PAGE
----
Showing its roots in skate culture, snowboarding behemoth Burton has thrown down the gauntlet in the war against restrictive ski resorts. Gone is their years-old (kinder, gentler) "Open Minds, Open Mountains" campaign, and in its place is "Sabotage Stupidity," a call-to-action encouraging boarders to "poach for freedom."
As more and more college kids are ditching the tequila slammers and wet T-shirt contests of Cancun for chillier spring break destinations like Mammoth and Salt Lake City, snowboarding's popularity is undeniable - unless you're one of the four remaining ski resorts in North America stubbornly refusing to acknowledge the sport: Vermont's Mad River Glen, Utah's Deer Valley and Alta resorts, and New Mexico's Taos (which will finally end its ban in mid-March).
The reward for sneaking snowboards onto the forbidden slopes? Besides fulfilling their patriotic duty by taking a stand against elitist resorts, the crew who submits the best video documentation of their defiant moves will receive a $5,000 cash prize per poached resort. Winners will be selected based on creativity, editing, execution and theme, according to Burton brand manager Nate Bosshard, who says the site received over 1 million hits - more than they've ever had - in December when the campaign launched. (The odd thing, though, is that it's dreadfully hard to find the page burton.com/poachers on the main site, and there's been no link to it on the Burton home page since December.)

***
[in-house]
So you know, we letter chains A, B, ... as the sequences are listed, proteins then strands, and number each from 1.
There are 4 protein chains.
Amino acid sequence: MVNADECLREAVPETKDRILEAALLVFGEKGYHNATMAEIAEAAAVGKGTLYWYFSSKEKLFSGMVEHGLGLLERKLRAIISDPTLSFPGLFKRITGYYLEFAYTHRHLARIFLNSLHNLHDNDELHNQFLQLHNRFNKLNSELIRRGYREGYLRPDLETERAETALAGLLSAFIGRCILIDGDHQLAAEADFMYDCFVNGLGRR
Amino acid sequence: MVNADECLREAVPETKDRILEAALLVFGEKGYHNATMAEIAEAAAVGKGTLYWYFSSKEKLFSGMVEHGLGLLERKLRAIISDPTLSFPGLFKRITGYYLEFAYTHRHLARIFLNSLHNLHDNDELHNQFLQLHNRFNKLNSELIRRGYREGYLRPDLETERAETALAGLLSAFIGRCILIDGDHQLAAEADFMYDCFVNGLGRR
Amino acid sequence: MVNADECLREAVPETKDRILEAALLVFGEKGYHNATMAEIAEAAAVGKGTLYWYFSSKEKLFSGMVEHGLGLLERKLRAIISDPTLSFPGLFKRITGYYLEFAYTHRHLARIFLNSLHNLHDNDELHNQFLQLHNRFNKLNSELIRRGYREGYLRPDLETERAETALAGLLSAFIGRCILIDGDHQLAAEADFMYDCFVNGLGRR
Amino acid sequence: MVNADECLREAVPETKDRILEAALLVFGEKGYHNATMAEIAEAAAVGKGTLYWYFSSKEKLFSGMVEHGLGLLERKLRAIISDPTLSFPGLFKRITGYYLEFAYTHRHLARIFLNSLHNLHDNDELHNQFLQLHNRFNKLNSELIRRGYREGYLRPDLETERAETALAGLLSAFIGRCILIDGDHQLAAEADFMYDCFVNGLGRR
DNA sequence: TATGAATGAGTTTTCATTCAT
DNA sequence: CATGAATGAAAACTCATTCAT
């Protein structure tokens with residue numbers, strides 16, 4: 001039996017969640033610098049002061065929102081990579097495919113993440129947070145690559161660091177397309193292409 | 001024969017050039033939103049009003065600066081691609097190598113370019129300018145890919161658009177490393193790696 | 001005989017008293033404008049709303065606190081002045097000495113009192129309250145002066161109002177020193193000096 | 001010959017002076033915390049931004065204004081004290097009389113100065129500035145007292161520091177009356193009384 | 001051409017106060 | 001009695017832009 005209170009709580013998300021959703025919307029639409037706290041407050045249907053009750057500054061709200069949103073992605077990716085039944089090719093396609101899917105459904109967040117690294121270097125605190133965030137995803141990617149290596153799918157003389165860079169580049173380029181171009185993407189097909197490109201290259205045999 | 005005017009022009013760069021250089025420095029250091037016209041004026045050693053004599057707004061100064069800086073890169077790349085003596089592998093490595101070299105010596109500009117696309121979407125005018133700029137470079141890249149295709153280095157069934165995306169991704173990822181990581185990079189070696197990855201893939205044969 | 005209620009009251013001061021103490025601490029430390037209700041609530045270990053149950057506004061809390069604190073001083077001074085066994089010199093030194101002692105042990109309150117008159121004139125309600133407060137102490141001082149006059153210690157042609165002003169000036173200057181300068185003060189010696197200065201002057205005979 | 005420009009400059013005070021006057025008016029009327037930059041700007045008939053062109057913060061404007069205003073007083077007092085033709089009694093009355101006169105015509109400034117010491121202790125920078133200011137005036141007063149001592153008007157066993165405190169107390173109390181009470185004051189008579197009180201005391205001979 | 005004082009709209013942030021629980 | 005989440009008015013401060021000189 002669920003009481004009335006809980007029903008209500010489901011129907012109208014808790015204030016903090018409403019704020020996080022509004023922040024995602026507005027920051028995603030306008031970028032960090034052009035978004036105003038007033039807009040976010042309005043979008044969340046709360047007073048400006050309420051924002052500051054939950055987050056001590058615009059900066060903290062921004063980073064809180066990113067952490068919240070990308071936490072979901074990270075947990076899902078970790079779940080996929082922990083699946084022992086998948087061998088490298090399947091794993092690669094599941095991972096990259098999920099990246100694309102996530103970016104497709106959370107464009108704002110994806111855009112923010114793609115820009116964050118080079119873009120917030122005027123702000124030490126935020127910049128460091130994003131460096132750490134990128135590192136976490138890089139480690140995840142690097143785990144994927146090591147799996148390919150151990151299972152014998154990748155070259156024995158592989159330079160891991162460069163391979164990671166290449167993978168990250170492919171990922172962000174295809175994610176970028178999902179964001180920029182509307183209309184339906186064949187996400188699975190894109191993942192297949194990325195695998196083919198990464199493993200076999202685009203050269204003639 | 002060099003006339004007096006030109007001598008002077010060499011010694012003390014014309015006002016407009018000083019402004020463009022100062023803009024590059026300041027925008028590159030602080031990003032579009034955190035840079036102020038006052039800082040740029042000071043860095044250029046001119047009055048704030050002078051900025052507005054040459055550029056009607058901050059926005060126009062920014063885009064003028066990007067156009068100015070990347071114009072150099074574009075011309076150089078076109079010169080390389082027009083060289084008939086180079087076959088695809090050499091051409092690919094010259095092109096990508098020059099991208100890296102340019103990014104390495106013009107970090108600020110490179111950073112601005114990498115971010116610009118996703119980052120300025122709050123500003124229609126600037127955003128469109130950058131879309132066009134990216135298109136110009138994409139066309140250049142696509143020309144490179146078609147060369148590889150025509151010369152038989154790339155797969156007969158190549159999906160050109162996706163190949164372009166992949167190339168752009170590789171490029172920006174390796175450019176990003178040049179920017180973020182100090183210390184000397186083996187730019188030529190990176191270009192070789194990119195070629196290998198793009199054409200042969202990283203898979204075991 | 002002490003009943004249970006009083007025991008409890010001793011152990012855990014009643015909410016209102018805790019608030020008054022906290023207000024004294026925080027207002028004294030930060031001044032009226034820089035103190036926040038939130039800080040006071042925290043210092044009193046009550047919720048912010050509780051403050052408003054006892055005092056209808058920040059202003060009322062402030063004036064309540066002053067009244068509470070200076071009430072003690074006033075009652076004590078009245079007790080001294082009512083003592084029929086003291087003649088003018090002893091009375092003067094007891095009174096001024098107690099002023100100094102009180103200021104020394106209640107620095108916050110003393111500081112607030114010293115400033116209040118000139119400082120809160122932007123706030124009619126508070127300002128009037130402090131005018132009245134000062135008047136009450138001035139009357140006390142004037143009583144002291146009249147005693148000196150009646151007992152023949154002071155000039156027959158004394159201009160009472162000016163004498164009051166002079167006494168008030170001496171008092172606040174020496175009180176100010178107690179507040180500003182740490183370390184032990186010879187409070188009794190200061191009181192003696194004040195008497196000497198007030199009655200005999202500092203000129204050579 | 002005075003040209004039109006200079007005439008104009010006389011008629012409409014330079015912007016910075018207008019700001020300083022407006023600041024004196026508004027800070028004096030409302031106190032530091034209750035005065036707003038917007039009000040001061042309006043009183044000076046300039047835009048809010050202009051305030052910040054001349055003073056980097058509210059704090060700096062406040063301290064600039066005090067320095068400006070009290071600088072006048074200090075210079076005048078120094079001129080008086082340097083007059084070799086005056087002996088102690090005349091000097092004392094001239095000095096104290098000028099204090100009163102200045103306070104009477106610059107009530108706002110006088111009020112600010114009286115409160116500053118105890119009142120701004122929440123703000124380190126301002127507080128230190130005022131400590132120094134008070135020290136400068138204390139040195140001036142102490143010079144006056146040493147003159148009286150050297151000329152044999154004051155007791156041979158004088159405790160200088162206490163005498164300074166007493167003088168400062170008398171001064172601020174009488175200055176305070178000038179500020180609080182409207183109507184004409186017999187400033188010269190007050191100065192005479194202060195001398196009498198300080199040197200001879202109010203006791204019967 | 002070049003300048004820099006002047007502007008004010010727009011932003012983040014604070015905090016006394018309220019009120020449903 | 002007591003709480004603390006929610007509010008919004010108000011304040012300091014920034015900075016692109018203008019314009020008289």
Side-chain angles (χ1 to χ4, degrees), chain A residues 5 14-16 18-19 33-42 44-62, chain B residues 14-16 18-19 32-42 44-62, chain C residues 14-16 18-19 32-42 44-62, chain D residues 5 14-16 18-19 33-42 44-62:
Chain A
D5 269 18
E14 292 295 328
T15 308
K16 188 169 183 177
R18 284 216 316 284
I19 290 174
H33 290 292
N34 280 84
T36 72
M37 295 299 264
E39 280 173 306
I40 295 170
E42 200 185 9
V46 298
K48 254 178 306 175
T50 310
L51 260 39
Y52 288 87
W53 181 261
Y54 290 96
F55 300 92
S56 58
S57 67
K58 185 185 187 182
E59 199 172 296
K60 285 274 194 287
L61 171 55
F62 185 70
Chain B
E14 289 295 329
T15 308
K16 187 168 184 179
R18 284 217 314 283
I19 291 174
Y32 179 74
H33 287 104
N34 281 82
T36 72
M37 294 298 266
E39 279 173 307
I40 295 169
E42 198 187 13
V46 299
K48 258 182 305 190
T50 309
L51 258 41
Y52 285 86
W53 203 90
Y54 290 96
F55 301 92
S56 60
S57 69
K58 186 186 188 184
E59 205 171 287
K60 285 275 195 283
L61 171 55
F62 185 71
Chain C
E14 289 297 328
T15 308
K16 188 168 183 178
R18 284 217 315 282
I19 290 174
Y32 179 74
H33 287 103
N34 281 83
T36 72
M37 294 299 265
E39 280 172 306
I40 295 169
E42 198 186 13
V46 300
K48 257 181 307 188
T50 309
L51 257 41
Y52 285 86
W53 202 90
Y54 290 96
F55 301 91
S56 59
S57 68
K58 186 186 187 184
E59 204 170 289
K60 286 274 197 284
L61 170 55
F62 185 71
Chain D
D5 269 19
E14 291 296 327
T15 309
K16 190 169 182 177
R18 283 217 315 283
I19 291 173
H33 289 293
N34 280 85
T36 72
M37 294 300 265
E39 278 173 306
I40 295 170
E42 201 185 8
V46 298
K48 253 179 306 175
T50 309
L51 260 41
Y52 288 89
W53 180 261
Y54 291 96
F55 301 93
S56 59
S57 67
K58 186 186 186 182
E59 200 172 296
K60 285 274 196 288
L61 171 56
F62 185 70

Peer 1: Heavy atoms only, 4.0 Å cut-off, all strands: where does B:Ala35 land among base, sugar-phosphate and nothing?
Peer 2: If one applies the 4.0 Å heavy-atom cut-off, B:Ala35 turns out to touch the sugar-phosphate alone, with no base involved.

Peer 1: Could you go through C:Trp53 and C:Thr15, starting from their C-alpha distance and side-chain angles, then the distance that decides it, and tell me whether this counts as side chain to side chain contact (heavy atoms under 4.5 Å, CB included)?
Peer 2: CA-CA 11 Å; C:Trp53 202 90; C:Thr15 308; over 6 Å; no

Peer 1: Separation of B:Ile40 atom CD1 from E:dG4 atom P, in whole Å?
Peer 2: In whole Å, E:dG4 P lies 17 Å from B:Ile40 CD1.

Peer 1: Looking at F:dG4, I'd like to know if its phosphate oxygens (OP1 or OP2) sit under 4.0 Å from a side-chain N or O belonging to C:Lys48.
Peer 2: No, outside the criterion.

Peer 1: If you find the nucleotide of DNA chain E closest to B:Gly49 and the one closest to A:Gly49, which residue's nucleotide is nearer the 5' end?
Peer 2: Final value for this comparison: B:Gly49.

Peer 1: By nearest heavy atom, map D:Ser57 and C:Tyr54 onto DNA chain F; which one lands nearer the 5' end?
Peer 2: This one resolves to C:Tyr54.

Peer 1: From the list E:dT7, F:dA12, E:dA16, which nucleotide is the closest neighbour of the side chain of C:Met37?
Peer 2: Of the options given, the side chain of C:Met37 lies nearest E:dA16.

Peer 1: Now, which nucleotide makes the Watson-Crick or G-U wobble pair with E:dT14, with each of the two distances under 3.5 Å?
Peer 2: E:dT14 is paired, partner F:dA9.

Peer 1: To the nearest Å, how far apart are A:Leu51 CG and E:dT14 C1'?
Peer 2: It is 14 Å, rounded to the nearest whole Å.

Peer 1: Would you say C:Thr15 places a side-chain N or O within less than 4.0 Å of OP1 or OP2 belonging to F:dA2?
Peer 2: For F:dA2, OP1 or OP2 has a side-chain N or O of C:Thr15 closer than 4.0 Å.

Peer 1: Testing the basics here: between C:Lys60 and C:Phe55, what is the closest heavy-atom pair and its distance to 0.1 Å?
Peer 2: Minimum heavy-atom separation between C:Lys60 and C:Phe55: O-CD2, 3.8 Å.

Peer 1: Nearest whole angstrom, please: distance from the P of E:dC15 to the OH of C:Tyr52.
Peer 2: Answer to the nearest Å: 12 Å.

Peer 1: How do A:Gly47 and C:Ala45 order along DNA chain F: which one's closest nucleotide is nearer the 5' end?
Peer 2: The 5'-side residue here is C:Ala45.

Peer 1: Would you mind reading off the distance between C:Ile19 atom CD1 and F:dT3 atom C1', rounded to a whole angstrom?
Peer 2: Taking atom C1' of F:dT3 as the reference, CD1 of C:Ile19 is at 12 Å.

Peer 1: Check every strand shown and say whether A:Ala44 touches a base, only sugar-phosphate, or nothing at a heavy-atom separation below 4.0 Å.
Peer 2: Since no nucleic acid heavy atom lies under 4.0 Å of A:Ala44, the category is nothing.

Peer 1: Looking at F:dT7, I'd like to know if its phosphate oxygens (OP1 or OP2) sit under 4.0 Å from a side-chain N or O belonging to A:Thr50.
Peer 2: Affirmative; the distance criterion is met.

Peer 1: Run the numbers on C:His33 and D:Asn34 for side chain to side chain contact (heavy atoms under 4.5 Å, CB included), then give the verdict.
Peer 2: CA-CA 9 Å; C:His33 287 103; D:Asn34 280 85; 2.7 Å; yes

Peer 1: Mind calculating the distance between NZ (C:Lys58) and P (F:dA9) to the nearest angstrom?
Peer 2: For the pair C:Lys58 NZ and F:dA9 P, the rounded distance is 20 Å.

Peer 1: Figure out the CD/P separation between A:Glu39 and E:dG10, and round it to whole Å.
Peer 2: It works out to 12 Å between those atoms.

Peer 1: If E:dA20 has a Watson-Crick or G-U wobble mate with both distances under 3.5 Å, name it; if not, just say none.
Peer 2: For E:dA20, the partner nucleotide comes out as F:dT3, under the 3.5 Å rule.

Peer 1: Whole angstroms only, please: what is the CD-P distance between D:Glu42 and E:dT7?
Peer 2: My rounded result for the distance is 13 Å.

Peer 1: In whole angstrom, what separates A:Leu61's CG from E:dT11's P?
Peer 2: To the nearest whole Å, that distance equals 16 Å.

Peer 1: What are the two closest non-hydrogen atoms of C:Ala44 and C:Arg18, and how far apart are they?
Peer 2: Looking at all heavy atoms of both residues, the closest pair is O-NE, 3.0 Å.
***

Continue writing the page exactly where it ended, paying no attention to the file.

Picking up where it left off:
Visitors to the site can read through poacher news bulletins and recently submitted peer videos of masked boarders looking like they stepped out of Project Mayhem, as well as the occasional public urination.